The Criterion set also includes excerpts from his series of films Hapax Legomena and his epic unfinished Magellan Cycle. From the former series comes “(nostalgia)," which along with “Zorns Lemma” is one of Frampton’s best known films. It’s a simple set up. The film begins with a black screen as fellow avant-garde filmmaker Michael Snow reads Frampton’s narration about an unseen photograph. Snow proceeds to talk about a subsequent image, while the image he’d previously spoke of slowly burns to ash atop an oven’s radiating heat coils. This continues until Snow speaks of what is supposed to be a terrifying image - which we never see. Frampton’s drollest punch line, if you can call an image at the end of a 32-minute silent film a punch line, comes at the end of “Poetic justice,” in which a static camera is held on a coffee table while 240 pages from a film script appear one by one. It’s a lot funnier, and more surreal than it sounds.
Frampton’s final and most ambitious project was The Magellan Cycle, which he intended to encompass all of human experience in a projected thirty-six hour film cycle. He died before he could complete the project, but its unfinished nature is of a piece with an aesthetic that appreciates failure more than success. Frampton celebrated the failures not only of conventional narrative but of the cinematic medium itself, incorporating emulsion scratches, camera hiss and other flaws inherent to filmmaking. But this does not make his work seem like failed art. Rather, it inspires the viewer to work out their own solutions to the cinematic equations Frampton proposes.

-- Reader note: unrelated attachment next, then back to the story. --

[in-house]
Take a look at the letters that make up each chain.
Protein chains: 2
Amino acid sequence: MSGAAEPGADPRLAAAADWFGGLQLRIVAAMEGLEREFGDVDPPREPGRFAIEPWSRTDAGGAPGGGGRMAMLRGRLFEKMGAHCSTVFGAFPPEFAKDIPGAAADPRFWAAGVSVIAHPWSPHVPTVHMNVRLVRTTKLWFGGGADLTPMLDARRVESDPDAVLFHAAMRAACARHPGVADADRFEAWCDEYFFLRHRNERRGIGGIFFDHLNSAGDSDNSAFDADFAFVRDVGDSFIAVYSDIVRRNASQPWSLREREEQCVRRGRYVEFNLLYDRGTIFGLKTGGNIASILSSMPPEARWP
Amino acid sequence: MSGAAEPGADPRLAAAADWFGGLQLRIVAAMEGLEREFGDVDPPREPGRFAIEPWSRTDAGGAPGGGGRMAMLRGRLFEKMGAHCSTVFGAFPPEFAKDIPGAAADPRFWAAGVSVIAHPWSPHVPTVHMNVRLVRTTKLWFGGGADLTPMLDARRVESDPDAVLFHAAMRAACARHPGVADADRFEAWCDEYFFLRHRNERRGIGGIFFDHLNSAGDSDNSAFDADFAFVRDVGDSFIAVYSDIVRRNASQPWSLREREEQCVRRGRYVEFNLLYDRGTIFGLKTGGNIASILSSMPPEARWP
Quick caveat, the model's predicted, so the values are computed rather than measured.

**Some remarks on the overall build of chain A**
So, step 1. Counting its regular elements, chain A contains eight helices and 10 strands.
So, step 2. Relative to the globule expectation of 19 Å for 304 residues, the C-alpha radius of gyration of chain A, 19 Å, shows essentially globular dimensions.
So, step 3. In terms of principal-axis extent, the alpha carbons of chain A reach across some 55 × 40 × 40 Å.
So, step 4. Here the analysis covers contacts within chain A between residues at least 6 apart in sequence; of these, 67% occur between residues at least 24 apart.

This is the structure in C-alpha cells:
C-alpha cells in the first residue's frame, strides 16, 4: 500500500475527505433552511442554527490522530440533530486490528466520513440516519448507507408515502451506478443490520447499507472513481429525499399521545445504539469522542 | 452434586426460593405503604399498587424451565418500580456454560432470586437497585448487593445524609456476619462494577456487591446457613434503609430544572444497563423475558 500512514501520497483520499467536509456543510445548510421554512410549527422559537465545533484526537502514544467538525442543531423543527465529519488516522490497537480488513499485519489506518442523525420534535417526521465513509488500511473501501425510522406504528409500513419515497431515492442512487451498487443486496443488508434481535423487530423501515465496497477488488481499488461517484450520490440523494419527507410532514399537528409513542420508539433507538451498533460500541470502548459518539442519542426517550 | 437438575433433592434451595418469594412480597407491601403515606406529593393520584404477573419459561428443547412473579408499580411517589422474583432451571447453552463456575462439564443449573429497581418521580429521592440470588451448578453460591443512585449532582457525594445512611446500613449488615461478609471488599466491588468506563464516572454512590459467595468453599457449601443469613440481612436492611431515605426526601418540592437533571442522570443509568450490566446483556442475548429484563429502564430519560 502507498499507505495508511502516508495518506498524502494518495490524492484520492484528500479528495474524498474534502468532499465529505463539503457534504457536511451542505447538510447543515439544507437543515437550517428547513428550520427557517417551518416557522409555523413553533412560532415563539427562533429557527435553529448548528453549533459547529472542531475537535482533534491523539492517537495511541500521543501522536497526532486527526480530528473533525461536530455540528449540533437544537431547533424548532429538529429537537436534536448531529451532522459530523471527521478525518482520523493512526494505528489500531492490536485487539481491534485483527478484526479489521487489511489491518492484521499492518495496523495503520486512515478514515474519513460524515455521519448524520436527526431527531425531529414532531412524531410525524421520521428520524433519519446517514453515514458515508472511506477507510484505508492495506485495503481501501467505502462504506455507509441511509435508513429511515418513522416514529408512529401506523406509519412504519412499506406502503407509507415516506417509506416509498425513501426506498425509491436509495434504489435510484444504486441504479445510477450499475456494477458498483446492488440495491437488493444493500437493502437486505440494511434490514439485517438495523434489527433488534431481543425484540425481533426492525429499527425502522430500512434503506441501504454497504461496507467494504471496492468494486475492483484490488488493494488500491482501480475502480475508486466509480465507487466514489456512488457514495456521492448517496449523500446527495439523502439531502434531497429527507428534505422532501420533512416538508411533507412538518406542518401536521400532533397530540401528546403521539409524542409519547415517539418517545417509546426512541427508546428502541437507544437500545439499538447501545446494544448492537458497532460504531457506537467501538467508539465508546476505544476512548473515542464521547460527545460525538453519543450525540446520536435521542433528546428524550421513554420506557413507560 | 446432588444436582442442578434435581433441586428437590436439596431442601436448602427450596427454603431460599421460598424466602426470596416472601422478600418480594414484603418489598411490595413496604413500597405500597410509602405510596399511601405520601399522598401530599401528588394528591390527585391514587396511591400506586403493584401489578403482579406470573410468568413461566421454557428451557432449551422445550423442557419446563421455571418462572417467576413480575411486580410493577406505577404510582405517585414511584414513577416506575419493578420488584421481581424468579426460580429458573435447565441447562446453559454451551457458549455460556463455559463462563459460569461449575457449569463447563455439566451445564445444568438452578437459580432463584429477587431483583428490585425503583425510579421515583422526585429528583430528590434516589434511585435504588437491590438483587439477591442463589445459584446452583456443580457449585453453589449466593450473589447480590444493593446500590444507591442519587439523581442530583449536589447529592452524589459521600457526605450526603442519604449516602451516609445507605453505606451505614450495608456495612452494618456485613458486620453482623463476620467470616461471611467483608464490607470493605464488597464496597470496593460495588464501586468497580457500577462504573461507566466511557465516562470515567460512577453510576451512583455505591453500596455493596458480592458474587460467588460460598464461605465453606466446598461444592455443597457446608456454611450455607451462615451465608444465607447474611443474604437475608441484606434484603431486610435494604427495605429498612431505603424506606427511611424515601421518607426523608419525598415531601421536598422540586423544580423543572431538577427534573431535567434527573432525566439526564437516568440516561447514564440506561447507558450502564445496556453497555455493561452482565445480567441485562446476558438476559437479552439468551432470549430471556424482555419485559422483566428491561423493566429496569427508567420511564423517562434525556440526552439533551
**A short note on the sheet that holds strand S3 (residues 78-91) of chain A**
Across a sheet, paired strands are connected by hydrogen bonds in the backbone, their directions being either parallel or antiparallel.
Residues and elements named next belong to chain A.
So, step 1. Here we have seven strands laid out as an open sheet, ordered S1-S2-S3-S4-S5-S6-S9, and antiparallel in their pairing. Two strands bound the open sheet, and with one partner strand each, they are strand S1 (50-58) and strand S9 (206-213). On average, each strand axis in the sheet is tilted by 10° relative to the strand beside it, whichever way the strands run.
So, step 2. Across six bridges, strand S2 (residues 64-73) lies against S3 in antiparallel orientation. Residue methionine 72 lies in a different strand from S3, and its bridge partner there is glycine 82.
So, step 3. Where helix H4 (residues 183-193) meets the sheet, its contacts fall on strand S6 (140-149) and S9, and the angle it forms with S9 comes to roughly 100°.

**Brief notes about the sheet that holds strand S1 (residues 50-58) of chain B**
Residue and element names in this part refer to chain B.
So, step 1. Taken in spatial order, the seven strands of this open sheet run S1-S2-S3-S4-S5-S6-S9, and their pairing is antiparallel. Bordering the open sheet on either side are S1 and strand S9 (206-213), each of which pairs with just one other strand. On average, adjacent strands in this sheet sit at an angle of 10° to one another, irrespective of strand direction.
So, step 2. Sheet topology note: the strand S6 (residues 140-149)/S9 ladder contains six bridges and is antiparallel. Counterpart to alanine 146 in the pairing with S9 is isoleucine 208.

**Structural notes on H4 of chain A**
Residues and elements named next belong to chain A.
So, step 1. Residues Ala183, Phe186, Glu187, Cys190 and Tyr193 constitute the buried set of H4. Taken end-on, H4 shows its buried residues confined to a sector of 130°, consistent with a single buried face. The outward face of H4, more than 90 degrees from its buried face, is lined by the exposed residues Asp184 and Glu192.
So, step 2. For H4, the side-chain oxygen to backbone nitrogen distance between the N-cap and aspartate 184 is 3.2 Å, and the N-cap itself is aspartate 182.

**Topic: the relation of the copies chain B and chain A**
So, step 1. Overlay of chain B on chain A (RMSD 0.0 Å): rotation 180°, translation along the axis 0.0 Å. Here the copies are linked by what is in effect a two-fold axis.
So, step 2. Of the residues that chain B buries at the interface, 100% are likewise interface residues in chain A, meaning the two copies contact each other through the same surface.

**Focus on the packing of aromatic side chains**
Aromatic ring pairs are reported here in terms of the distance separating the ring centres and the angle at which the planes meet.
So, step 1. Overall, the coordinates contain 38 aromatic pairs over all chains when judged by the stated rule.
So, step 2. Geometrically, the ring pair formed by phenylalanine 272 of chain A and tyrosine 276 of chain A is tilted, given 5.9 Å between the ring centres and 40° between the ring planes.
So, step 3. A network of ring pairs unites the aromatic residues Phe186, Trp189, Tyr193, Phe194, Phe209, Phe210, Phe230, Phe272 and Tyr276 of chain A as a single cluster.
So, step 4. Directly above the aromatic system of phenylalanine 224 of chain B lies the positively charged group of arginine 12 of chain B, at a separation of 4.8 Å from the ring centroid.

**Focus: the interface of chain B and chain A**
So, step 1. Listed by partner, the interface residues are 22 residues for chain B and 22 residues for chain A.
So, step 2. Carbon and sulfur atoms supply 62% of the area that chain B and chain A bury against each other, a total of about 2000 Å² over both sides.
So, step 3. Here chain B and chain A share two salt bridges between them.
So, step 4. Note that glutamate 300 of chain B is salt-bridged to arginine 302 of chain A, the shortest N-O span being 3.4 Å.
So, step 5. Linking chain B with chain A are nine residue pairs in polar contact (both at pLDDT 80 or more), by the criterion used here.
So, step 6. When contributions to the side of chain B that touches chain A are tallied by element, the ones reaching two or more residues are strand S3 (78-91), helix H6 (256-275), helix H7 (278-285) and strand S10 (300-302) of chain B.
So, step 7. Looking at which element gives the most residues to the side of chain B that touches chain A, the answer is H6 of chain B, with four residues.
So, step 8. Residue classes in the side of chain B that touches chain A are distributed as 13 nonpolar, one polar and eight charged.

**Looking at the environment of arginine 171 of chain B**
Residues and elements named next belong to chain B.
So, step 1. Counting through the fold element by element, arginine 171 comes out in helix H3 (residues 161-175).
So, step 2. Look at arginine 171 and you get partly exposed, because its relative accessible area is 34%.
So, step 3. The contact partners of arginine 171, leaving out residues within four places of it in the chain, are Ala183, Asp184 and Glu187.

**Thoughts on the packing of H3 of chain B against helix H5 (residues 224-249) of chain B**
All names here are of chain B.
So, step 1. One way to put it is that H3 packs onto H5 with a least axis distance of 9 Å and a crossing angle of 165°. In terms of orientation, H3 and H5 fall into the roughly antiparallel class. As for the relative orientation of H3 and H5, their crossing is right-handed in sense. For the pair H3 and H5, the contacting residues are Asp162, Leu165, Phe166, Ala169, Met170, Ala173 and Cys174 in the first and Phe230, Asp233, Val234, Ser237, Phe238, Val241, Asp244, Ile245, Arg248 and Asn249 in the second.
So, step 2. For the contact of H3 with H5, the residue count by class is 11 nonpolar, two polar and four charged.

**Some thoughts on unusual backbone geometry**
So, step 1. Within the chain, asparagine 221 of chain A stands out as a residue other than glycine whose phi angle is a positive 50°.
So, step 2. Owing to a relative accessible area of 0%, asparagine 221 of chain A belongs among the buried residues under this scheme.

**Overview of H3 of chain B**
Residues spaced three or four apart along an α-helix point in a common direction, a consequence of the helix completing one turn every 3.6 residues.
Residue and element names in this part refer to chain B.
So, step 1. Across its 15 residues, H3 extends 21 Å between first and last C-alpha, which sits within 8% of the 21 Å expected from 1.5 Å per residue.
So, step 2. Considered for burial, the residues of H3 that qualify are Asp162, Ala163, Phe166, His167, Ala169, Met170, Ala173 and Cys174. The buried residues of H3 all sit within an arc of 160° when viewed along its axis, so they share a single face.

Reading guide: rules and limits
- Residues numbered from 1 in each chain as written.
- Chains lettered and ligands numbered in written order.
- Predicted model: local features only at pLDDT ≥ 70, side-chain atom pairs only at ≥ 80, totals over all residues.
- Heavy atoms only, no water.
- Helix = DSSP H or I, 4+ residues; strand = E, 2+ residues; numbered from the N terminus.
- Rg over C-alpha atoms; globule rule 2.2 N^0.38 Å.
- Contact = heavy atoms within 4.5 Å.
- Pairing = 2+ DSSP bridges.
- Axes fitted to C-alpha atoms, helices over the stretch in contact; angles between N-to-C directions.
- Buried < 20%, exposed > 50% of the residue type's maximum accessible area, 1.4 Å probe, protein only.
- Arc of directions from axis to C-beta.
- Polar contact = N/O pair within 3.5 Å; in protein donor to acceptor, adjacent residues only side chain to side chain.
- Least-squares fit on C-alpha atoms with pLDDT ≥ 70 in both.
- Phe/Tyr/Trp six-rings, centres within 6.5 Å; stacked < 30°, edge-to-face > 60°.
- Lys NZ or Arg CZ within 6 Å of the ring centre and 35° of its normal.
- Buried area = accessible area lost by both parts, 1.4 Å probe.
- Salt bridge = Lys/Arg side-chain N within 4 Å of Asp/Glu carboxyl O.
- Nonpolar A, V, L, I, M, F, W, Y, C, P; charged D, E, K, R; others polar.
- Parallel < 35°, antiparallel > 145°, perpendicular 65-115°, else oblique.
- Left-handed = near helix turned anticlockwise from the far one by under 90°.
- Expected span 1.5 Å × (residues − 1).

Bonus features include an interview and lecture with Frampton in which his pretenses come off stronger than his wit. But as the opening quote indicates he still says plenty of interest. Also featured is a gallery of images from his Xerox project “By any other Name,” which finds a strange symbolism in the ordinary world of product labels. Some artist smay find beauty in the ordinary. Hollis Frampton’s finds a challenges in it, and challenges the viewer to reconsider ordinary concepts of image and sequence.